Tennis is a complex battle of fitness, skills and judgement and nowhere is that ever more evident than during the final of a grand slam tournament such as Wimbledon.
What TV audiences tend to overlook is the analysis of the performances of those on the court, returning serves of over 130 miles per hour instantly. IBM has long been tasked with such endeavor and this week I was lucky enough to have a sneak peak as to the work that takes place from the technology giant.
When talking of grand slams in tennis, there is none greater than Wimbledon. As I write, the tournament has just the men's final left to go for 2016. This year 490,000 tennis fanatics have descended upon the gates of the famous stadium, 28,000kg of strawberries were consumed and Andy Murray keeps Britain’s hopes of success alive as he battles it out in Sunday finale.
But behind the scenes it’s all hands on deck as the 200-strong army of IBM staff (who are also tennis experts) work around the clock to bring us the most up to date statistics, analysis and intel throughout the entire Wimbledon competition. According to IBM there are over 3.2 million data points being recorded throughout the tournament.
But how do they do it?
I was very lucky to not only witness Andy Murray wipe the floor with Nick Kyrgios by before that I was also given an exciting behind the scenes tour, led by Emma Chan, senior managing consultant at IBM and Matthew Candy, vice president & European leader for IBM Interactive Experience, to see with my own eyes, the technology that is re-defining the engagement of this sport.
It’s hard to do this justice because there’s no way we can have any comprehension as to the scale of this operation. In the grounds of The All England Lawn Tennis Club, just along from all of the action, there is a high security unit, and whilst you walk along the corridors and down the metal staircase, it actually feels like you’ve entered into a secret bunker. There is definitely a covert operation feel to the whole experience.
There are a three main rooms in use, including IBM’s Cognitive Social Media Command Centre and this is where the exciting stuff happens. I was initially met with lots of intriguing screens and equipment (that apparently you should not touch) and the teams are working effortlessly to bring us (the public and media) tons of intricate details such as every single point on the court, linking that up with 100 per cent real time accuracy and disseminating the abundance of facts and figures in a format that is meaningful to their global audience of one billion engaged fans.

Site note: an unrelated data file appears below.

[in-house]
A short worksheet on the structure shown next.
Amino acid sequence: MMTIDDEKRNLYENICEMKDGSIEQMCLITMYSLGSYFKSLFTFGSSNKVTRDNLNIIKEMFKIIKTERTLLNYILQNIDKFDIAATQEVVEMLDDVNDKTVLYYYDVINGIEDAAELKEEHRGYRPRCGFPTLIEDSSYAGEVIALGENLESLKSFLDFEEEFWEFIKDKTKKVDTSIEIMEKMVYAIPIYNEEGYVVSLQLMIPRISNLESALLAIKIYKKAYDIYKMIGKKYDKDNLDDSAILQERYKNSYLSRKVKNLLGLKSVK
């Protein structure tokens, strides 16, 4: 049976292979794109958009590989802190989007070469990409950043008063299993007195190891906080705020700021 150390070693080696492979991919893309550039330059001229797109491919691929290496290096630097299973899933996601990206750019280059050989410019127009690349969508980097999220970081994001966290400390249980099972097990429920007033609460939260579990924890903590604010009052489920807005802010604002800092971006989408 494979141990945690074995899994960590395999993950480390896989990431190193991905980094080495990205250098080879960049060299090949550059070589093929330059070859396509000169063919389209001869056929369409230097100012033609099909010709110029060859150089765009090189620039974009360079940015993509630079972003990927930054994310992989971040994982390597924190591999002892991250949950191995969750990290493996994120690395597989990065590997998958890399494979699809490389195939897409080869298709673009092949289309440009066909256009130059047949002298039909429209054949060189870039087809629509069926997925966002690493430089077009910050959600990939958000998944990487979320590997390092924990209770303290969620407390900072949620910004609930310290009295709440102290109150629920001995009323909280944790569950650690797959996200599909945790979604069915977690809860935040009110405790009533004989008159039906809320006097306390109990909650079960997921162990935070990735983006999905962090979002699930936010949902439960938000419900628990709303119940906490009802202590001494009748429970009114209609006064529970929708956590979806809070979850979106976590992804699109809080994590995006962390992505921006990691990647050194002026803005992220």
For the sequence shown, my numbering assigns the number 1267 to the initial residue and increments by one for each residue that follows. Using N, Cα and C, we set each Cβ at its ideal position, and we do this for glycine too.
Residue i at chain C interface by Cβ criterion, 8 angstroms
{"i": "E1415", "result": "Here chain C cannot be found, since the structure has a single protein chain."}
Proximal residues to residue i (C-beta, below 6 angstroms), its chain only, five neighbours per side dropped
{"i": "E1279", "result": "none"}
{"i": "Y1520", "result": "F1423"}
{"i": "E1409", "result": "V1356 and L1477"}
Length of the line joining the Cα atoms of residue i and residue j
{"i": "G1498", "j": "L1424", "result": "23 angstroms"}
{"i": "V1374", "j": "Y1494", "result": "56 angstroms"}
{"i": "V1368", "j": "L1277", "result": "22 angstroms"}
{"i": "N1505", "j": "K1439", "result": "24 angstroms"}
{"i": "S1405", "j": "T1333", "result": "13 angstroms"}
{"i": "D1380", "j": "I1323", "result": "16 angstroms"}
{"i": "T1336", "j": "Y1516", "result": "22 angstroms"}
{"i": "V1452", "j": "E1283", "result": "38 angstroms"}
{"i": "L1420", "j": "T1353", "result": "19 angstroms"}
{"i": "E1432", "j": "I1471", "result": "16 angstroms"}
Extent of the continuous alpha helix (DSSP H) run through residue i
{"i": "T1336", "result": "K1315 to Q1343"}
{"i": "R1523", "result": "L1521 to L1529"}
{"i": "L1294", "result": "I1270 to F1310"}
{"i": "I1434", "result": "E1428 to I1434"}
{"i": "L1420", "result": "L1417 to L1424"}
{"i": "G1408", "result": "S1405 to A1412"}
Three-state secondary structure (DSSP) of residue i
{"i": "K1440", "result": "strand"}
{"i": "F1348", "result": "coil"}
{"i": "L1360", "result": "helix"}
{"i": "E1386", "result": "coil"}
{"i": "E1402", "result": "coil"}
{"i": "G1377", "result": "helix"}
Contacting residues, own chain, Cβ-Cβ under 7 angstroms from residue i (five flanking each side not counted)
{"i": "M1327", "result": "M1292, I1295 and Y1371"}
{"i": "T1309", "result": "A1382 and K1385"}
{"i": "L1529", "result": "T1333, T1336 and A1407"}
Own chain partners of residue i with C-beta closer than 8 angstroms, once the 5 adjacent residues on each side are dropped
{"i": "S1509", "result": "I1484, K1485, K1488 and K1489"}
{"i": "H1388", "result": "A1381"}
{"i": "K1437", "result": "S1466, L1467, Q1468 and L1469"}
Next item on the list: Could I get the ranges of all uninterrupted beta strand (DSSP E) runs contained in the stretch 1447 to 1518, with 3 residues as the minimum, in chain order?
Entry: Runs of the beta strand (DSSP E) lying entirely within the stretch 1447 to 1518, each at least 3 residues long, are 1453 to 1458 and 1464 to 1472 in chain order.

Included within the centre were different elements of social listening monitoring and any online threat monitoring, data capture analysts working from the balcony through the court's various tracking points, website and app content creators too. It is a veritable hive of real-time activity, that is shared directly with an audience hungry for information.
So next time you hear. sports journalist sounding off some unbelievable statistic, just bear in mind that they are more than likely using this information to inform their reporting.
But no slick operation would be complete without the intelligent intel from Watson, IBM’s AI system (and also a previous Guest Editor of The Drum magazine). Watson is learning everything about anything to do with not only Wimbledon but every other sporting competition around the world. This information is then used sophisticatedly to engage fans in the right way. The social insight is breath taking with a map highlighting where in the world people are actively engaging. Big brother really is watching.
If that wasn’t enough work, the team are also monitoring potential malicious cyber-attacks and it seems like they are on constant alert. It is a case of working around the clock.
After taking all of this in, I don’t think I’ll ever watch Wimbledon without the same appreciation ever again. Between the behind the scenes activity, Apple TV, the new app and their website, there is no question that Wimbledon really are giving their fans a unique rich and immersive experience. Their new campaign ‘In Pursuit of Greatness’ is definitely living up to the name.
And for all fans out there, it’s worth noting that as a result of this robust set-up, the players themselves also have the opportunity to analyse their game (and their competitors) and can watch it all back, specifically paying attention to their flaws and areas needed for improvement. I’m just hoping that Andy Murray takes heed of this clever resource and takes it home today.
Lynn Lester is director of events for The Drum